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Jul. 28th, 2006 @ 09:45 am Ryan--Another surprising character
Current Location: Oberon, California
Current Mood: cheerfulcheerful
Current Music: O-Town ~ All or Nothing

Today I want to continue my discussion of surprising characters by talking about Ryan Henderson.

Ryan made his appearance in A Sight to Dream Of, where he had a small, but pivotal, role. I don't really remember at what point it occurred to me to cast him in the role of hero in Sound of a Voice That Is Still, but, since I wrote the third and fourth books in the series out of order, I suppose it was sometime during the writing of A Taste of Honey.

After writing the character of Dan Cavanaugh, I figured I was home free. Surely no other hero would give me so hard of a time. Boy, was I in for a surprise.

Don't get me wrong. I love all my heroes and Ryan is no exception. He's a great guy. A total sweetheart. A man who definitely knows his limitations and makes no excuses for his own shortcomings. It doesn't hurt that he's big and strong and a total hottie, either. ;)

Ryan is stoic, taciturn, and prone to obsessions. He's possessed of a quirky sense of humor that sometimes surfaces at inappropriate times. He'd be the first to admit that he has a bad habit of jumping into situations before he's really looked at them...but, on the other hand, he probably won't tell you that, because talking tends to get him into so much trouble!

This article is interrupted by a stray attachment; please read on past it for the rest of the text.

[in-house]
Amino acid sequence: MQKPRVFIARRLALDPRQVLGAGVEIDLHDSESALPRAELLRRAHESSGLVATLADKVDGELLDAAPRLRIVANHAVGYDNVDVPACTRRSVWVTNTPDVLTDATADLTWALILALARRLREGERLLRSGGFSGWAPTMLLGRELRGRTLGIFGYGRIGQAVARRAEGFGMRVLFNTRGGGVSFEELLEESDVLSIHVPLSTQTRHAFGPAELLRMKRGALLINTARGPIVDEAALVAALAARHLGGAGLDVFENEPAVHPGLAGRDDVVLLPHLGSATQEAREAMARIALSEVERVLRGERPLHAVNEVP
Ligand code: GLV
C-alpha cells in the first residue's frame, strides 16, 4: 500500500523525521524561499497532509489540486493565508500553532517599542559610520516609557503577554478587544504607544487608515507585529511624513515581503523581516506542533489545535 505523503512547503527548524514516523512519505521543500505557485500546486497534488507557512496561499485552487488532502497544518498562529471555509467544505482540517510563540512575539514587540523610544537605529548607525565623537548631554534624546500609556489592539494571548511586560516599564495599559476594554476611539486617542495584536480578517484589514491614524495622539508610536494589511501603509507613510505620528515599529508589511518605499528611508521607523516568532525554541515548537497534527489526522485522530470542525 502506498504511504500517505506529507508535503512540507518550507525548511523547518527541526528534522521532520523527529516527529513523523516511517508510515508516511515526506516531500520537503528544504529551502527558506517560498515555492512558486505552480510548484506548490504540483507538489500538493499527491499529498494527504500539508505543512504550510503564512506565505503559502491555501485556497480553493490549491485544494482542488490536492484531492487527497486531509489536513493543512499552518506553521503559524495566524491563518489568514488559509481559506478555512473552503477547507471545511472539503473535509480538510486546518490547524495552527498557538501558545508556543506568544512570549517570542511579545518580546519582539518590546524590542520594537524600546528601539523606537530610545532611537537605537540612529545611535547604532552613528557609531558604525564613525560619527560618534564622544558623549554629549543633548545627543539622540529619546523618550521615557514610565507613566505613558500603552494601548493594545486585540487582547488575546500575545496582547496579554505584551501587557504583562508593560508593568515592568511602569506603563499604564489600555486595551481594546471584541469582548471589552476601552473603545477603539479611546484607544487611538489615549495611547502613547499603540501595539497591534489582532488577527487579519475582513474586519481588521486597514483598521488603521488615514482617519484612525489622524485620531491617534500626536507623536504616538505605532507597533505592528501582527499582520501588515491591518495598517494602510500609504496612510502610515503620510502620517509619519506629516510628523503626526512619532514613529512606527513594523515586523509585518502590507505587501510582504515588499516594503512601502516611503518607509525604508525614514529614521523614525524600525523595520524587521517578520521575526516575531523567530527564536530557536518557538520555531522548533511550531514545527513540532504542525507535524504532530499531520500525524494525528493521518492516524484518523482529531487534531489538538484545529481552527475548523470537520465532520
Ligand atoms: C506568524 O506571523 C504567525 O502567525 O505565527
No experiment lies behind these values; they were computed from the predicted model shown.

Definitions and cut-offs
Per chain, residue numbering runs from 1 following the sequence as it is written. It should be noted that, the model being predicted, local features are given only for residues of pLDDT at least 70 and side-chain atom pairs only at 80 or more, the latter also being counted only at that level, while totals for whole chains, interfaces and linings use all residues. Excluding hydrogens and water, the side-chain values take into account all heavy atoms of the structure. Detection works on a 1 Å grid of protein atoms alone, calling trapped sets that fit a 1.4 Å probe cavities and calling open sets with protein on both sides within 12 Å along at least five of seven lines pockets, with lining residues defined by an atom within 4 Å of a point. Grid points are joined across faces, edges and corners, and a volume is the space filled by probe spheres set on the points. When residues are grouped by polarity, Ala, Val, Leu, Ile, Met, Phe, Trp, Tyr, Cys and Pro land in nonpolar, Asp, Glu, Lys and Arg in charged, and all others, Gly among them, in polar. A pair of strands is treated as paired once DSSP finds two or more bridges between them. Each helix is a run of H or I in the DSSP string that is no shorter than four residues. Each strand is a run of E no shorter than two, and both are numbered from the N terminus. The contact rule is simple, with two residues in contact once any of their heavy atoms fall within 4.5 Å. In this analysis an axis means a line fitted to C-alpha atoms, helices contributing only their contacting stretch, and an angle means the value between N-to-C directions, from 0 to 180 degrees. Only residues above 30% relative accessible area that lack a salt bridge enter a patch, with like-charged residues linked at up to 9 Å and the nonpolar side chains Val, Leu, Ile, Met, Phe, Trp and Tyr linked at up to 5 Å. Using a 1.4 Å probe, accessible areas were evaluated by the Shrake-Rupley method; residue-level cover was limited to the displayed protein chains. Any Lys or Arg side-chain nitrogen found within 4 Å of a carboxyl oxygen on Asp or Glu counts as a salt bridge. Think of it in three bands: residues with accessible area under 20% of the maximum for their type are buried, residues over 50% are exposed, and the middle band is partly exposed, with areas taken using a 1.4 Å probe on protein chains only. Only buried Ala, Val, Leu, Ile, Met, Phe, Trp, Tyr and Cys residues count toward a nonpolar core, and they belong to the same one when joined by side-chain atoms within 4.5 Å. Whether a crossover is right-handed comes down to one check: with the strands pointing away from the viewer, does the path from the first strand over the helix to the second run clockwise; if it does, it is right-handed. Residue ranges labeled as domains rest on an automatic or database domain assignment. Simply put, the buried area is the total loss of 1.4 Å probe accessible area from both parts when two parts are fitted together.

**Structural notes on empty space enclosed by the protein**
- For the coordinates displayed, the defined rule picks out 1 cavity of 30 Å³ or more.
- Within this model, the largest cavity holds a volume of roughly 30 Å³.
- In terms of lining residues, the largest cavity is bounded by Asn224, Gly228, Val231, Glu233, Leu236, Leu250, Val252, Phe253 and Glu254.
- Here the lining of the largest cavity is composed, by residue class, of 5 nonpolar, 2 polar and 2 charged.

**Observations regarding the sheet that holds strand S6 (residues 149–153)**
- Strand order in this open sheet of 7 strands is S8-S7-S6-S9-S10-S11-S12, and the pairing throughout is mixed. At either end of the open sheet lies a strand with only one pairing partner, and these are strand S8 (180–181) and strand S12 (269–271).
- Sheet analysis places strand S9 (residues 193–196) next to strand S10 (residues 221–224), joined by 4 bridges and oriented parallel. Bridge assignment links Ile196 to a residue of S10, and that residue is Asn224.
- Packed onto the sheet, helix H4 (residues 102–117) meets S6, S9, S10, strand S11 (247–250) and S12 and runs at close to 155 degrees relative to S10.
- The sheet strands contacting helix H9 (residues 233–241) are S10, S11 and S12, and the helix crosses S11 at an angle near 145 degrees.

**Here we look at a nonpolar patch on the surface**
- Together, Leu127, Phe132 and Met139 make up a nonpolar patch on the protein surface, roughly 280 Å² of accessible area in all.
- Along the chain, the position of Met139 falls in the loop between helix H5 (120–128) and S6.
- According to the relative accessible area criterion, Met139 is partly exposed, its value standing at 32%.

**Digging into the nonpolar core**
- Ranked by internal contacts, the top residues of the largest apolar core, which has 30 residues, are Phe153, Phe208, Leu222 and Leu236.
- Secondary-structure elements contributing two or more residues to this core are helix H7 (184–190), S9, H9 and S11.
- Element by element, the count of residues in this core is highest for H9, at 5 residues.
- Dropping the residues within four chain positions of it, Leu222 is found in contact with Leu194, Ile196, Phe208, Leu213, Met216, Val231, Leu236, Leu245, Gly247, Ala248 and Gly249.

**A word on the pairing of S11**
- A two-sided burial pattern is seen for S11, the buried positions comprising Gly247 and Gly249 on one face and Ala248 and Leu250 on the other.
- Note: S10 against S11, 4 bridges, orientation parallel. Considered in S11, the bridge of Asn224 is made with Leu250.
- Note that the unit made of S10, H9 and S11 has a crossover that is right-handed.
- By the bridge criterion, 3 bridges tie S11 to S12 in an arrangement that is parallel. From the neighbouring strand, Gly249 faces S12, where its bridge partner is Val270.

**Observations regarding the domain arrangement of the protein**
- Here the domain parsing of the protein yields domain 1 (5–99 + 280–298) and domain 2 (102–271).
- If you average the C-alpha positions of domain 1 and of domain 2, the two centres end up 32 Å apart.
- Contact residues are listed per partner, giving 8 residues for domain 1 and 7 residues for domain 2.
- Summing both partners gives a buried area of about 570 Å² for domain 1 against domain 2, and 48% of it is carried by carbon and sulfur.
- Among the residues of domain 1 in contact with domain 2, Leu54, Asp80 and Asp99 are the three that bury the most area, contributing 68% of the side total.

Nick regards Ryan's ability to keep his mouth shut as a good thing. Siobhan...not so much.

The first time I realized that Ryan was not your run-of-the-mill character was when he first kissed Siobhan. See, it wasn't supposed to happen. Not then and definitely not like that! He's also the only character who ever made me change FIVE WHOLE CHAPTERS when he got a bright idea and I let him run with it, only to realize that he was leading us all into a huge, stinking mess!